Darunavir, co-administered with ritonavir, and with other antiretroviral agents, is indicated for the treatment of human immunodeficiency virus (HIV) infection in antiretroviral treatment-experienced adult patients, such as those with HIV-1 strains resistant to more than one protease inhibitor.
Darunavir is an inhibitor of the human immunodeficiency virus (HIV) protease. In studies, the drug, co-administered with ritonavir in combination therapy, significantly reduced viral load and increased CD4 cell counts in this treatment-experienced patient population (Tibotec, 2006, Product Monograph, Prezista 2006). Darunavir is used as an adjunct therapy with low dose ritonavir, which inhibits cytochrome P450 3A (CYP3A) which increases the bioavailability and half life of darunavir.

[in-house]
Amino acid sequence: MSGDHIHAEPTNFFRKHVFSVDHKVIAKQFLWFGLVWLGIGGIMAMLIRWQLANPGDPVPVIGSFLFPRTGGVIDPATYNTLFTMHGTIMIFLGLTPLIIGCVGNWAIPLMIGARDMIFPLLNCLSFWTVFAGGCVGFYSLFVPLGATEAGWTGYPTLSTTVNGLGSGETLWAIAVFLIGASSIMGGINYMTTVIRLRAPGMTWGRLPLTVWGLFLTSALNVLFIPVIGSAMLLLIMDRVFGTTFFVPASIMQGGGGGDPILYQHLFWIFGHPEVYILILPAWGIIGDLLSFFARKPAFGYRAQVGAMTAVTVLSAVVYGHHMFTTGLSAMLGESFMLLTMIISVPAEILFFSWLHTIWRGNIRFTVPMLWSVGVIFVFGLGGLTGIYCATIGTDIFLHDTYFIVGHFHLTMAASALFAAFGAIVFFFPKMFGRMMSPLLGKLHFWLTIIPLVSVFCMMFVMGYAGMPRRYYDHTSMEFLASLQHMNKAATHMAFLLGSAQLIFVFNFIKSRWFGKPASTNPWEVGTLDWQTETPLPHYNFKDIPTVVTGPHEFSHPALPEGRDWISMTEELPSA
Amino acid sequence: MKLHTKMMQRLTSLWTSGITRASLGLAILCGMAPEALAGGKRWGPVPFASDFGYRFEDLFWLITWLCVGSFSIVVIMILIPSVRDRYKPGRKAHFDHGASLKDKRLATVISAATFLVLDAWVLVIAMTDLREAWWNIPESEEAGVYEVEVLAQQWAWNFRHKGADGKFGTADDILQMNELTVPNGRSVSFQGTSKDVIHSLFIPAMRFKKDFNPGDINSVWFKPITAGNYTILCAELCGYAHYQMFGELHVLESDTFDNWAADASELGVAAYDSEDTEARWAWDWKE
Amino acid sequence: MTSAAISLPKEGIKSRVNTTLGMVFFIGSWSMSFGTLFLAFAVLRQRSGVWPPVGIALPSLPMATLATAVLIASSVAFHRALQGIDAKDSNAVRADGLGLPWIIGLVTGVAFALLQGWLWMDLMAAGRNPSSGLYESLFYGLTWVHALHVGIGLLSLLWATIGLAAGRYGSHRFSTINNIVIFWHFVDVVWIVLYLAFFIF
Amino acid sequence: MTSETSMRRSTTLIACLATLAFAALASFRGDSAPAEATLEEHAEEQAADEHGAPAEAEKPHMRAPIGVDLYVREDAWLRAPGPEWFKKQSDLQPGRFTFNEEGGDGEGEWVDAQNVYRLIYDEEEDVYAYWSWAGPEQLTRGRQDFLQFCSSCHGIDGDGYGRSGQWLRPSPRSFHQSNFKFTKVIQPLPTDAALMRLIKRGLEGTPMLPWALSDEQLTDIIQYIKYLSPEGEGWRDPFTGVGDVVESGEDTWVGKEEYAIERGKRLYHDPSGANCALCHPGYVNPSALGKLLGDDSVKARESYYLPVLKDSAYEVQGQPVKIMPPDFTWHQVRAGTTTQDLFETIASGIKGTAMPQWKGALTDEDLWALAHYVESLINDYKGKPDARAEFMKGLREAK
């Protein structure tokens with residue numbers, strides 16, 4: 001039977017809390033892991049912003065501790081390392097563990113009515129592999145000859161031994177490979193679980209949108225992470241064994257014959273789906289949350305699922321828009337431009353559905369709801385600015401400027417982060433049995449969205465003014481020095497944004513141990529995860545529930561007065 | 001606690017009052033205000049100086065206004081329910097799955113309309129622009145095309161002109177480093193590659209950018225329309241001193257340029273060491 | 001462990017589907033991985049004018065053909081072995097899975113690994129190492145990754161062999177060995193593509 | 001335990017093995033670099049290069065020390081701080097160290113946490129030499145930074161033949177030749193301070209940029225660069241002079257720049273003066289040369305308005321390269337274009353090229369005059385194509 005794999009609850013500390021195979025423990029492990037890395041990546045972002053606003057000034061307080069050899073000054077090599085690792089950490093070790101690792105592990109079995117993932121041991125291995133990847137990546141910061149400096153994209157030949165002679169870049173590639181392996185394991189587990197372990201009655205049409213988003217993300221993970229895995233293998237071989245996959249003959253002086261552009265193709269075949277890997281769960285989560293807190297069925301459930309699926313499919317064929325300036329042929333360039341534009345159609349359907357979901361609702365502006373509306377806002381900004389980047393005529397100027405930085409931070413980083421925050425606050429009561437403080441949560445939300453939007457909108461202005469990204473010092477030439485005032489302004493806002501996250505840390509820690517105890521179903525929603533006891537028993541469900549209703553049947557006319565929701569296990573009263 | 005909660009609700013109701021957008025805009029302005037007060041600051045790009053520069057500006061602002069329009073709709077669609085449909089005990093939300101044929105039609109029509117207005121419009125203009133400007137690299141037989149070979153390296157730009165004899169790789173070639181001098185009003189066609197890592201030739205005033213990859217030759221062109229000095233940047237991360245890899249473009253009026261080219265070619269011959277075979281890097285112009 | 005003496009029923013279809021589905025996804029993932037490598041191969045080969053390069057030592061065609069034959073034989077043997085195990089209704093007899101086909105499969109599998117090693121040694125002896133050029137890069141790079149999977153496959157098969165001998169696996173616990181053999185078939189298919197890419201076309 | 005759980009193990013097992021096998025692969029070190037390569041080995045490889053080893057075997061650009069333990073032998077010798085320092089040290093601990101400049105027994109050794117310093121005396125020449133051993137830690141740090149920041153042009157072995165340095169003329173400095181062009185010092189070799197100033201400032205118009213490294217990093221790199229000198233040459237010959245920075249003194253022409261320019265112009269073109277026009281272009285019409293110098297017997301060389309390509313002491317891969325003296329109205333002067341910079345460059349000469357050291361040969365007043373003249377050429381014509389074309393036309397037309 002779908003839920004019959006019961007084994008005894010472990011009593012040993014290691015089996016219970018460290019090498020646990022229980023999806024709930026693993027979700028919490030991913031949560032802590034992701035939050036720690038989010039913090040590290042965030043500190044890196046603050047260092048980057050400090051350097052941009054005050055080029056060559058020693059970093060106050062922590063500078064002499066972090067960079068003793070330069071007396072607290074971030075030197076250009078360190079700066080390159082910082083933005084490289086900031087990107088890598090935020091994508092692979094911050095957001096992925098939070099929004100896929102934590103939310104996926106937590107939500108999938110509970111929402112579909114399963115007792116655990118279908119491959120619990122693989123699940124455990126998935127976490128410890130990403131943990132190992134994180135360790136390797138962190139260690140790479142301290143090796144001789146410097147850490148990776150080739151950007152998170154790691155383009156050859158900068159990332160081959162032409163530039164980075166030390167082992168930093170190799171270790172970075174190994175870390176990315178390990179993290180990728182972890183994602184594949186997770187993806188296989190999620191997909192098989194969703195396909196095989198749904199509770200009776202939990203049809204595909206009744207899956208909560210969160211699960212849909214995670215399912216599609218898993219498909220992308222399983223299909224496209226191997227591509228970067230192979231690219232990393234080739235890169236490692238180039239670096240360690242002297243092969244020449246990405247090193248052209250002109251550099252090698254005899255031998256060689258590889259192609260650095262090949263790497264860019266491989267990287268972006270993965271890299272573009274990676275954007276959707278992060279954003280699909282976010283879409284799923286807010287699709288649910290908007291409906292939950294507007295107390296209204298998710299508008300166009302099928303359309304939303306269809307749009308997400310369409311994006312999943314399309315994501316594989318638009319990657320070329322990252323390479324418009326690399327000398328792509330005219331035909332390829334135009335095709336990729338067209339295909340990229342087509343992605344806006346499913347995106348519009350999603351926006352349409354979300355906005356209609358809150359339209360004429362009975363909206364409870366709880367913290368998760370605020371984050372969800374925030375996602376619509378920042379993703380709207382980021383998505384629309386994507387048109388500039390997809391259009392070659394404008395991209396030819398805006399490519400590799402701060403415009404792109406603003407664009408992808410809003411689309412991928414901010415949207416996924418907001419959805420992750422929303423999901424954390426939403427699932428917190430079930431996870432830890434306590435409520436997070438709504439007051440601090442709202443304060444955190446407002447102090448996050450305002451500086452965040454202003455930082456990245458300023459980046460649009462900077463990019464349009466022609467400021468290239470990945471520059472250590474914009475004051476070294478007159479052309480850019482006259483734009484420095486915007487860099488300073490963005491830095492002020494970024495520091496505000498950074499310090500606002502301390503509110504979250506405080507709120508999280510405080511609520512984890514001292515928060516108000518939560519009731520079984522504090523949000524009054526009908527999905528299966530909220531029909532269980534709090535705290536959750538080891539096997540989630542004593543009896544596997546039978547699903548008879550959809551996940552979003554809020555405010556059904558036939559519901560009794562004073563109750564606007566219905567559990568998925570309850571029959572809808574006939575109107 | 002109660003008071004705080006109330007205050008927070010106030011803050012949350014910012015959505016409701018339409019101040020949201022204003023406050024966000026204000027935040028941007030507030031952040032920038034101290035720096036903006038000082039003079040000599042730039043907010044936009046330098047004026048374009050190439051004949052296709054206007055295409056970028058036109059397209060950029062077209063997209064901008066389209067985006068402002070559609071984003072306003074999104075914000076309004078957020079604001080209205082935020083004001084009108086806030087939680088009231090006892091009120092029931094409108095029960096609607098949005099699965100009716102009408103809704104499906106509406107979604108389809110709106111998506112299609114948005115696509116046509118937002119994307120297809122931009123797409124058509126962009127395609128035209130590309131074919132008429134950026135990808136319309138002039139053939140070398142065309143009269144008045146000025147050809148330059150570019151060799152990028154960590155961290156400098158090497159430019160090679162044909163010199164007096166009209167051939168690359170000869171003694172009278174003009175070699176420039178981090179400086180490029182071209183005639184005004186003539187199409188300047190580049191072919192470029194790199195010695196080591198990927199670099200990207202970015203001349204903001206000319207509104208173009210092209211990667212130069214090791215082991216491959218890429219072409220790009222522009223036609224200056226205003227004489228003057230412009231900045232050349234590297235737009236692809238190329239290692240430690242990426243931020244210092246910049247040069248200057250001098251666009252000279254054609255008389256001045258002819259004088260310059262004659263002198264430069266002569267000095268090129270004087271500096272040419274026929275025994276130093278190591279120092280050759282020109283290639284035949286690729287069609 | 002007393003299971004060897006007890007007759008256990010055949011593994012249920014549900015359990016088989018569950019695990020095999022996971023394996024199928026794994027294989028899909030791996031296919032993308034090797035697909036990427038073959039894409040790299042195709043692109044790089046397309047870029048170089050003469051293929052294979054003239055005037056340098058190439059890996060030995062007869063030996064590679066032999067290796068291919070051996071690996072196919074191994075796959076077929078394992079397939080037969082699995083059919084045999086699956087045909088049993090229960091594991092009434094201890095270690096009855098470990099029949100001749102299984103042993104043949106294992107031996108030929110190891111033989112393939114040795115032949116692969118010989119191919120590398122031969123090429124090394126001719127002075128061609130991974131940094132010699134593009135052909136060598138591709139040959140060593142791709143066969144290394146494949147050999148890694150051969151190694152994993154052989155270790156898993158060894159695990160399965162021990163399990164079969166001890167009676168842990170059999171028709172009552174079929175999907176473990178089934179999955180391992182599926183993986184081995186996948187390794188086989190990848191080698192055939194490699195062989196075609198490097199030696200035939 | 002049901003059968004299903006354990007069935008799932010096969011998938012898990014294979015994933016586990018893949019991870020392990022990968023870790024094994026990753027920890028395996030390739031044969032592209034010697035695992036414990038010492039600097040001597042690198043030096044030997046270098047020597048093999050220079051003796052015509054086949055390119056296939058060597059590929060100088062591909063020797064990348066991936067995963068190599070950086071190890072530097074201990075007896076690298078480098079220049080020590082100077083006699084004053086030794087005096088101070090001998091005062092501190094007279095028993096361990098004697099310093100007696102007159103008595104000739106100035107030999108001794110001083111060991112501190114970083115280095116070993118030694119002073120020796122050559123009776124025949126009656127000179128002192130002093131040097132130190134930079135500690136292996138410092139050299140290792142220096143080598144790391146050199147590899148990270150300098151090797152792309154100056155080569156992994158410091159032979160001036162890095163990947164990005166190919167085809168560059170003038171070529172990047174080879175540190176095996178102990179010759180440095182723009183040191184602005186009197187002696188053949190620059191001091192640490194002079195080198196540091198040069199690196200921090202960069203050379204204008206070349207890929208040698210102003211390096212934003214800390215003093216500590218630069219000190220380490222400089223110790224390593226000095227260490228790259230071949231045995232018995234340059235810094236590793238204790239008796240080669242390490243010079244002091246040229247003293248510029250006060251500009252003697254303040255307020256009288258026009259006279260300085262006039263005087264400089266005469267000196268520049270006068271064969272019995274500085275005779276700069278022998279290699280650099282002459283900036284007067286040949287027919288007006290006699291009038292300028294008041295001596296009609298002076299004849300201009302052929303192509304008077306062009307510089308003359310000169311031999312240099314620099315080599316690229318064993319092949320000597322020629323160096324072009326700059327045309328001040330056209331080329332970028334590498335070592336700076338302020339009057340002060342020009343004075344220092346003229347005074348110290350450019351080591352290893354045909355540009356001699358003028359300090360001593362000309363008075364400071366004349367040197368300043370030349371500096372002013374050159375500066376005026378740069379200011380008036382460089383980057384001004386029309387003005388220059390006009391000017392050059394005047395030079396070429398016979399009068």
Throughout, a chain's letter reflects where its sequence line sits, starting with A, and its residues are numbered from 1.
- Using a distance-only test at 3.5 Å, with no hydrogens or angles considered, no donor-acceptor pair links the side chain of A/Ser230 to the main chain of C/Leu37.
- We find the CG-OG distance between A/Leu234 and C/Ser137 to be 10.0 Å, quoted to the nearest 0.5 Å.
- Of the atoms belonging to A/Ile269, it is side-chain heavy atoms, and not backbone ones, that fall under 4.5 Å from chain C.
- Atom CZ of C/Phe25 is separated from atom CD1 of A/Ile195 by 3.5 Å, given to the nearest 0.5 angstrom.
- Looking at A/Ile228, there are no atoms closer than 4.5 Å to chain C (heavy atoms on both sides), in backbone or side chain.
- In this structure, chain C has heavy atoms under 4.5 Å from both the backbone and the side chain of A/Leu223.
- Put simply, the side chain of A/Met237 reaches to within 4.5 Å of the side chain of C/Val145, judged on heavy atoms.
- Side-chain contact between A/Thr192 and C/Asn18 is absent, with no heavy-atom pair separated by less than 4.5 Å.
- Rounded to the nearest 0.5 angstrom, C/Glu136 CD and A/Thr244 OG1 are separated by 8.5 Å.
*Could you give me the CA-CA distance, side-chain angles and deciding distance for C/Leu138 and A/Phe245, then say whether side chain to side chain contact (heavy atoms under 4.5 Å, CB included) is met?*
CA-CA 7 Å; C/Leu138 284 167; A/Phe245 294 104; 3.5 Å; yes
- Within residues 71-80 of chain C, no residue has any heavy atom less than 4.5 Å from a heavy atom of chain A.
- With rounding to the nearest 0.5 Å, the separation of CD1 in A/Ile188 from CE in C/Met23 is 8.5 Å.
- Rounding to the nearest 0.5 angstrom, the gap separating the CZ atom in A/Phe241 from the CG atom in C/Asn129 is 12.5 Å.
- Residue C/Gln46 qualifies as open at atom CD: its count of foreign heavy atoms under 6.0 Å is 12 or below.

Mechanism of action
Darunavir is a HIV protease inhibitor which prevents HIV replication by binding to the enzyme's active site, thereby preventing the dimerization and the catalytic activity of the HIV-1 protease. Darunavir selectively inhibits the cleavage of HIV encoded Gag-Pol polyproteins in virus-infected cells, which prevents the formation of mature infectious virus particles. Structual analyses suggests that the close contact that darunavir has with the main chains of the protease active site amino acids (Asp-29 and Asp-30) is an important contributing factor to its potency and wide spectrum of activity against multi-protease inhibitor resistant HIV-1 variants. Darunavir can also adapt to the changing shape of a protease enzyme because of its molecular flexibility. Darunavir is known to bind to two distinct sites on the enzyme: the active site cavity and the surface of one of the flexible flaps in the protease dimer.
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